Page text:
Two pill mill owners sentenced to 15 years
by Staff Report
Jun 20, 2014 | 1514 views | 0 0 comments | 15 15 recommendations | email to a friend | print
Jason Cole Votrobek and Roland Rafael Castellanos, owners of the Atlanta Medical Group, were sentenced to 15 years in federal prison, respectively. Both Votrobek and Castellanos were convicted on March 26 after a month-long jury trial on federal drug and money laundering charges for owning and operating a Cartersville “pill mill” pain clinic, which served as a front for the mass distribution of addictive pain killers.

“The sentences handed down today are a culmination of the hard work of numerous agencies and speak to the effort of the men and women with boots on the ground,” said Bartow-Cartersville Drug Task Force Commander Capt. Mark Mayton in a press release Thursday. “This shows criminal prosecution was a success. To receive a conviction and sentencing is a testament to the job the men and women did making the case. This closure highlights the success interagency cooperation can produce. Nobody worked by the shape of their badge — they worked to solve a problem.”

According to U.S. Attorney Sally Quillian Yates in a press release, the charges and other information presented in court: In May 2010, using information from the Bartow-Cartersville Drug Task Force, multiple agencies joined in an expanded investigation of Atlanta Medical Group, learning that the clinic, located on Collins Drive in Cartersville, was prescribing pain pills outside the bounds of legitimate medical practice.

During trial, the government offered evidence that Jason Cole Votrobek, 30, of Vero Beach, Fla., Roland Rafael Castellanos, 34, of Hollywood, Fla., and Jesse Violante, 35, of Vero Beach, Fla., financed and operated the clinic. Tara Atkins, 36, of Cartersville, served as the office manager. Dr. James Chapman, 64, of Macon, served as the primary doctor.

U.S. District Court Judge Robert L. Vining Jr. sentenced Votrobek and Castellanos each to 15 years in federal prison.

In their respective capacities, Votrobek and Castellanos worked to procure and distribute Oxycodone pills to addicts and distributors and directed the clinic’s doctor to see as many patients as possible, and to prescribe as many Oxycodone pills as possible, in order to generate mass profits. Chapman allegedly did so, however, without conducting sufficient medical examinations and, indeed, was frequently incapacitated due to intoxication. Atkins herself filled out prescriptions for the doctor to sign, and the amounts of pills distributed to patients were excessive, and with unusual dosage patterns.

Evidence offered at trial established that the clinic was really a drug distribution operation with over 98 percent of their patients traveling to the clinic from surrounding states, the majority from Kentucky and Tennessee. Many of those visiting had obvious signs of being addicts. The clinic engaged in unusual practices, like permitting non-medical staff to assist with medical procedures such as taking blood pressure, to maximize the number of patients seen. Indeed, in 2011, the clinic was one of the top 15 purchasers of Oxycodone in the nation.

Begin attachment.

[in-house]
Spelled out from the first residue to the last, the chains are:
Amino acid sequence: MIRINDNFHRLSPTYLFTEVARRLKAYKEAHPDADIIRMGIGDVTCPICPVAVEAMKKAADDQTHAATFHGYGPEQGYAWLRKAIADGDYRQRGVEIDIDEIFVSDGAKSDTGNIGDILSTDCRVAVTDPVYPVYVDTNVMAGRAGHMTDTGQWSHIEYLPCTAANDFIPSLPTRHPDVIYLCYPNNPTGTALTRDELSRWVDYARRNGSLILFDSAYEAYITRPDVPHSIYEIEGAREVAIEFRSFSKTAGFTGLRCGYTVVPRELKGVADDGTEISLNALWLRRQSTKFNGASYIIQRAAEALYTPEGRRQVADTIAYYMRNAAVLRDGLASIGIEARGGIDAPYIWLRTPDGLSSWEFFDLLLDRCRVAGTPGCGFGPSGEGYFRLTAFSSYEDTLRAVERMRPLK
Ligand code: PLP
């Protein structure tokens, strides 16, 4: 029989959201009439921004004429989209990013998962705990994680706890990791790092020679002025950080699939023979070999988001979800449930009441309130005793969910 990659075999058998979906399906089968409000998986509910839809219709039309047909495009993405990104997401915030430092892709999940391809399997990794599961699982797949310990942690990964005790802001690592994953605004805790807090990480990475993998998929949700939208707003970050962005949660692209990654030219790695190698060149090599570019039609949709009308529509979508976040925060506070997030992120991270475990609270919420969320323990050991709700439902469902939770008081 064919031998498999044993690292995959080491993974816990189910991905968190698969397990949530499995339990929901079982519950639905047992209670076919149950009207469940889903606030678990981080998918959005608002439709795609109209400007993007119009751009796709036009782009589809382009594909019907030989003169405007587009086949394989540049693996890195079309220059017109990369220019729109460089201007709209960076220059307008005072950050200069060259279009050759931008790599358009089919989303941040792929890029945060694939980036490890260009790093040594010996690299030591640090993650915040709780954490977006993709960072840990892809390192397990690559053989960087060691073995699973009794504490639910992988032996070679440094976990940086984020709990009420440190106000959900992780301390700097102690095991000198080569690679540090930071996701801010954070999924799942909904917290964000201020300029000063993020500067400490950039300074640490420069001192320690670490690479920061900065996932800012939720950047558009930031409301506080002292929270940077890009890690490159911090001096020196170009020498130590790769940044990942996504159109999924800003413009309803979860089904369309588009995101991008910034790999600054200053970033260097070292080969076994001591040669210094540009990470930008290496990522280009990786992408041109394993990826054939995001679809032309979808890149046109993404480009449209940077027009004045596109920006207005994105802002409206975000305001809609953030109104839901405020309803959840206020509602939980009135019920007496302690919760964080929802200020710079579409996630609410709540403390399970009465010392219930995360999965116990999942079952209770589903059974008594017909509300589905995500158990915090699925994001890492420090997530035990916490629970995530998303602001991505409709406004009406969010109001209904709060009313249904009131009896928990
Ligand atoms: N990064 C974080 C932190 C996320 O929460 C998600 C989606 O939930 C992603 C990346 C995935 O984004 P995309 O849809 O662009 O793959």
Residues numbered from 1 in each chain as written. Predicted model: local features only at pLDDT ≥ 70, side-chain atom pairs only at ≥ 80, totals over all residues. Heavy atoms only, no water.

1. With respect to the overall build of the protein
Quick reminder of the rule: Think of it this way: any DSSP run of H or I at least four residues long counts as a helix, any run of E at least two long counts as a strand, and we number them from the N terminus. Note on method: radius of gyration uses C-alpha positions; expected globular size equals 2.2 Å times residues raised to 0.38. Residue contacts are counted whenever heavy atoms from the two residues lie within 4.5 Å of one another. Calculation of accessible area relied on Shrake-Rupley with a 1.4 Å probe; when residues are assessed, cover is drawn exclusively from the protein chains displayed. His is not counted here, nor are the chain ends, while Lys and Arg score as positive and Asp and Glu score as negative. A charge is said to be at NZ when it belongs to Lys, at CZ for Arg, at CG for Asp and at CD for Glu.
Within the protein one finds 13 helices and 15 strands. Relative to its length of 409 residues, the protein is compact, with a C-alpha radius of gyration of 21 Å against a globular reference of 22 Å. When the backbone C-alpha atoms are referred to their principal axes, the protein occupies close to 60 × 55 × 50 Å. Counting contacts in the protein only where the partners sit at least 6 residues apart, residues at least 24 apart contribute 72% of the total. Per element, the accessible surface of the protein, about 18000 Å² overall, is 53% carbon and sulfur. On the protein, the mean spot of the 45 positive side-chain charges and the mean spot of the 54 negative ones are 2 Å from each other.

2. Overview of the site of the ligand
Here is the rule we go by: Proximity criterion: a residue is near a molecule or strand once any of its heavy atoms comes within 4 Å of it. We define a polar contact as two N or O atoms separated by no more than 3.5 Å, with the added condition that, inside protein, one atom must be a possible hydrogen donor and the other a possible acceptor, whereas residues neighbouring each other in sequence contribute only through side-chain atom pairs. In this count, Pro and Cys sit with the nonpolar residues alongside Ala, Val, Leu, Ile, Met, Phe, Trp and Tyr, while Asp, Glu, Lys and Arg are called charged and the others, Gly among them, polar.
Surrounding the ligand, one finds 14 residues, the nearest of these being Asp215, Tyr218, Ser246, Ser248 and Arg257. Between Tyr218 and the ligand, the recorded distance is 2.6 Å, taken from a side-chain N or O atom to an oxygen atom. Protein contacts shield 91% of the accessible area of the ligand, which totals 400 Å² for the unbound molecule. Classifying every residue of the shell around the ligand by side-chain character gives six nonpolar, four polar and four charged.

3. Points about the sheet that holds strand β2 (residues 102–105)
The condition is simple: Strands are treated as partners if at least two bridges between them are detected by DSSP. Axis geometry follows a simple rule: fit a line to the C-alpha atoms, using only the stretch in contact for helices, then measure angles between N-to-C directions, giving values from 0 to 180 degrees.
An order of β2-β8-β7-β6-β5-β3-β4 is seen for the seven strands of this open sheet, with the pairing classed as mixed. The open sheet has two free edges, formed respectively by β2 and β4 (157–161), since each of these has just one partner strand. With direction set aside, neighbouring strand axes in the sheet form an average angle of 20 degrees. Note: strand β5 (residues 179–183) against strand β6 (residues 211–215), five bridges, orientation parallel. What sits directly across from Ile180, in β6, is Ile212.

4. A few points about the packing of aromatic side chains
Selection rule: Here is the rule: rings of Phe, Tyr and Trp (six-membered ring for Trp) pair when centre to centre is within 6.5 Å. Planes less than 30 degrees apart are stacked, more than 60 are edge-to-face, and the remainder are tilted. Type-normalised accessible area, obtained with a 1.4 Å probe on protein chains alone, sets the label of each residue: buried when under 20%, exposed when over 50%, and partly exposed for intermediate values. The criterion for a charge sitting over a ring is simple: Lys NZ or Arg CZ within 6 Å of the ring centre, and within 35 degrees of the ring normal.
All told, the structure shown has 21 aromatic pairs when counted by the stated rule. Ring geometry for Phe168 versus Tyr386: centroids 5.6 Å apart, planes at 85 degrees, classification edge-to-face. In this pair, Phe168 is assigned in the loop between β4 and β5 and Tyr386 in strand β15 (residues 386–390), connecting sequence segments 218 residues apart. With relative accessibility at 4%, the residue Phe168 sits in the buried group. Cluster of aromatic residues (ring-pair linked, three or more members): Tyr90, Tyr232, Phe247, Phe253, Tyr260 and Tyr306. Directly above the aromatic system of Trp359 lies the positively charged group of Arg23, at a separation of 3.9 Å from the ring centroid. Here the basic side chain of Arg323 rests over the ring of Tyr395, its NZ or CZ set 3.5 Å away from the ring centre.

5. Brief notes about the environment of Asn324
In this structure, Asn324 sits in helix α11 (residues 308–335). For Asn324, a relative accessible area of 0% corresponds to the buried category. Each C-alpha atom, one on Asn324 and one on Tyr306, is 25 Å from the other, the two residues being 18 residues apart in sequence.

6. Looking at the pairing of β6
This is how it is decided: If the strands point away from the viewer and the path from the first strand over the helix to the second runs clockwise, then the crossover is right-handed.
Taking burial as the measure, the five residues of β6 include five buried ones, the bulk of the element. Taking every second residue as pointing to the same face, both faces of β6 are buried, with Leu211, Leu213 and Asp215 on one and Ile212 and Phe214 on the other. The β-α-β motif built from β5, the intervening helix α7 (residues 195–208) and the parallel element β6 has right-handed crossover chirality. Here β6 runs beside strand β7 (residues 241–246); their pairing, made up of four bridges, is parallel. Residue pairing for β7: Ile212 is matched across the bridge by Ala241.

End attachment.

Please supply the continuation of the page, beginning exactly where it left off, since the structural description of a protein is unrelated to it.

Votrobek and Castellanos made millions of dollars during the clinic’s approximately one year of operation. Votrobek and Castellanos established multiple bank accounts, many in third party names, to conceal the windfall profits.

Votrobek had previously been acquitted in Florida of similar charges stemming from his ownership of a Florida pain clinic.

Violante and Atkins, who both previously pleaded guilty to charges related to their conduct at the clinic, will be sentenced on a later date.

Chapman is presently awaiting trial.

“The abuse of pain medication has become epidemic and now accounts for six times more deaths than that of all of the traditional illegal drugs combined,” Yates said. “The defendants in this case preyed upon those addicted to prescription drugs in order to line their own pockets. The abuse of prescription drugs and its related criminal activity has become a danger in many of our communities — one we have made a central focus of our office. Today justice has been served.”

“This is a great illustration of the positive impact law enforcement has when local, state and federal agencies work together,” said Vernon Keenan, Director of the Georgia Bureau of Investigation. “The increasing abuse of prescription drugs is a significant problem in Georgia that the GBI will continue to address with our local and federal partners.”

Harry S. Sommers, the Special Agent in Charge of the DEA Atlanta Field Division, said, “Pain clinics prey on so-called patients who are addicted to opiates. Some of the doctors who dispense these addictive analgesics often operate under the guise of a stethoscope and a white coat, when in actuality they are nothing more than drug traffickers. This successful investigation was a direct result of hard work put forth by all law enforcement agencies involved.”

“IRS Criminal Investigation is proud to contribute our financial expertise in an effort to halt the illegal sale and distribution of prescription drugs,” said Special Agent in Charge Veronica F. Hyman-Pillot. “We are committed to ‘following the money trail’ to ensure that those who engage in these illegal activities are vigorously investigated and brought to justice.”

This case was investigated by the Drug Enforcement Administration’s Diversion Group, Georgia Bureau of Investigation, Bartow-Cartersville Drug Task Force, Georgia Drugs and Narcotics Agency, and the Internal Revenue Service-Criminal Investigation, with special assistance from the Tennessee Bureau of Investigation and the Kentucky State Police.

Assistant United States Attorneys G. Scott Hulsey, Cassandra J. Schansman, and Laurel R. Boatright prosecuted the case.